The UK arm of Facebook made a £58.4m pre-tax profit, although its corporation tax charge for the year was only £5.2m after deductible expenses.
Accounts for Facebook UK, filed at Companies House, said the huge jump in UK revenues from £210.8m in 2015 to £842.4m came after the London-based operation began selling ads to "large UK customers" on 1 April 2016.
"The increase was attributable to the commencement of advertiser reseller services… in respect of large UK customers," the accounts said.
Previously, Facebook routed most of its UK ad sales via Ireland where corporation tax is lower – a controversial but legal move that meant it could minimise UK profits and reduce its UK corporation tax bill.
The company announced last year it was shifting ad sales for large UK customers to Britain.
Some small UK advertisers are still thought to buy ads from Facebook in Ireland.
The accounts show Facebook UK had a corporation tax bill of £11.7m in 2016 but that fell to £2.6m after "expenses deductible for tax purposes" for share awards for staff. The tax charge for the year was £5.2m, following other adjustments.
Facebook UK’s 2016 results were in contrast with a year earlier when it posted a pre-tax loss of £52.5m in 2015, despite the US parent company being hugely profitable.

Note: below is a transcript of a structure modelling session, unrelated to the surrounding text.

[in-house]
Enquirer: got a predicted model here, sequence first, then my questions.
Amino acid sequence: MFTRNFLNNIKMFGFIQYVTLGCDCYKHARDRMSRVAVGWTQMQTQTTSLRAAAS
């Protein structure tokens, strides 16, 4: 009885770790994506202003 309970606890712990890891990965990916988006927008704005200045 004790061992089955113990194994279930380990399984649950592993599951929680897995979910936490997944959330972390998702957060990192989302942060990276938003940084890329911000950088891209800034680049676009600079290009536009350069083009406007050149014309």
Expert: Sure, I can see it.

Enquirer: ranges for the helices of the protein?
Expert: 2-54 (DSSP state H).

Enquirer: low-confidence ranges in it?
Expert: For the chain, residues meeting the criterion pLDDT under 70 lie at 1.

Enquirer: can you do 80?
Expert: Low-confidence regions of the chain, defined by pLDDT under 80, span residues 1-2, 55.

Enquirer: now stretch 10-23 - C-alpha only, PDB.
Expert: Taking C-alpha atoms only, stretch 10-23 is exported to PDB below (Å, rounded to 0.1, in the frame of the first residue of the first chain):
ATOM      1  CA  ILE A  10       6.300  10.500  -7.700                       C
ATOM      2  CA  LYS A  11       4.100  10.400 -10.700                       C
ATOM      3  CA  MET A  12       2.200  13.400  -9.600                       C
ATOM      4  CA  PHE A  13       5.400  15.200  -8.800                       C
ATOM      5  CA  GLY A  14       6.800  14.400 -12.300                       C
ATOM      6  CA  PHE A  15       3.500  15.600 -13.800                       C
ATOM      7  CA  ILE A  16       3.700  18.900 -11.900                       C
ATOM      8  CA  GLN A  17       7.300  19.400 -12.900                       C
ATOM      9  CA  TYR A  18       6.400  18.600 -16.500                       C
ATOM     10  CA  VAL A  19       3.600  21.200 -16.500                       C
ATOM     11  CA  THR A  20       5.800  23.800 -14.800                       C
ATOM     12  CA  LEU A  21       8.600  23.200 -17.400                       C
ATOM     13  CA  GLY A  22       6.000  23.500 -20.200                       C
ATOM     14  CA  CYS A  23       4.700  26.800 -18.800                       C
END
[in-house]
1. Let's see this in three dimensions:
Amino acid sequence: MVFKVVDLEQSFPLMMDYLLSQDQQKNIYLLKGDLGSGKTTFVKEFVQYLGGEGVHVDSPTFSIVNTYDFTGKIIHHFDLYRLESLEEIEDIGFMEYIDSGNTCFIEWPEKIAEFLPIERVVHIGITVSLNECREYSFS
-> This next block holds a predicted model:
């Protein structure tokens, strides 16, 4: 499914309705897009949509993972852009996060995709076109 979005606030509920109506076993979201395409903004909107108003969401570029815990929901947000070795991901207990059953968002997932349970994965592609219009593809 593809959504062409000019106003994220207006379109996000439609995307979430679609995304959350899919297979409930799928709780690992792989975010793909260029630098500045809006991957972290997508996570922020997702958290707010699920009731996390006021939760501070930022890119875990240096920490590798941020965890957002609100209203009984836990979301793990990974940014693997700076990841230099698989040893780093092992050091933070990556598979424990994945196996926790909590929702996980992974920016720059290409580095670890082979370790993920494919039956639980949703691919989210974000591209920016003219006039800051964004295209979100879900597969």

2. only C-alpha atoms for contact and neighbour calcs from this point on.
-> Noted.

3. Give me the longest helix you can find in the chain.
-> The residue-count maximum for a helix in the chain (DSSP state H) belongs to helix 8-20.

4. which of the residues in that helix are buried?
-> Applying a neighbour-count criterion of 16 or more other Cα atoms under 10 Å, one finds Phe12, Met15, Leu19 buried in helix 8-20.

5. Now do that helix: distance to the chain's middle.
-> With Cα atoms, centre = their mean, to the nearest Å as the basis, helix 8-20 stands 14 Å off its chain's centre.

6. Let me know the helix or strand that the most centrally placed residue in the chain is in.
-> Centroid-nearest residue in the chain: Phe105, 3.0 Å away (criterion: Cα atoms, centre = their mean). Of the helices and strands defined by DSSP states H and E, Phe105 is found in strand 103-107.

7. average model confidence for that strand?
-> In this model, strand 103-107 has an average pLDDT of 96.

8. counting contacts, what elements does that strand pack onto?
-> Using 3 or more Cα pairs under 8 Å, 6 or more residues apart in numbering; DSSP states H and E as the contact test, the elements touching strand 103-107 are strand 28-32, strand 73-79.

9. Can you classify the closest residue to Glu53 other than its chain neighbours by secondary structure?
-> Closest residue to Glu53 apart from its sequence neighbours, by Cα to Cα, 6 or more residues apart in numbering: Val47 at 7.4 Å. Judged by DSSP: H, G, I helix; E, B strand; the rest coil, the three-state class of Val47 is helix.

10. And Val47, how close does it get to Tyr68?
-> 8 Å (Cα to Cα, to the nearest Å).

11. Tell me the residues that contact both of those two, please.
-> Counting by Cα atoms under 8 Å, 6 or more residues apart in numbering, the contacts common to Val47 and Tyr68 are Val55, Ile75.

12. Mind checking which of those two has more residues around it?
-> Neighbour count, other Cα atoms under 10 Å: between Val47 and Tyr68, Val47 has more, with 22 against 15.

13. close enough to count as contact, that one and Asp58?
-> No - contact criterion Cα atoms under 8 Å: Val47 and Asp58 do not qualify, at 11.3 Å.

George Osborne, the then chancellor, introduced a diverted profits tax, dubbed a Google tax, in 2015 to deter tech companies from diverting UK sales offshore.
A source familiar with Facebook's thinking maintained the company was considering a change to its offshore operating structure and moving ad sales for large UK advertisers to Britain before Osborne announced his plan. However, Facebook only made the switch afterwards.
Facebook UK employed an average of 960 people last year and had staff costs of £207m to cover salary, social security and share awards.
Facebook said in a statement: "Last April, we actively chose to reorganise our company structure to record revenues from our large UK sales customers in the UK.
"We believed this would provide greater transparency on our operations in London and be easier for people to understand. These accounts reflect that change.
"We continue to invest and expand in the UK, employing 1500 people in our new offices by the end of this year, which is also home to our largest engineering base outside the US."
Campaign estimated last year that Facebook was on course to overtake Channel 4 and Sky Media by ad sales in the UK to become the third biggest media owner by the end of 2017.
4 Sales and Sky Media both bring in about £1.2bn in annual ad sales.
Google and ITV are the two biggest media owners in the UK.
Facebook's revenues have been growing globally at around 50% annually, thanks in part to the launch of ads on Instagram.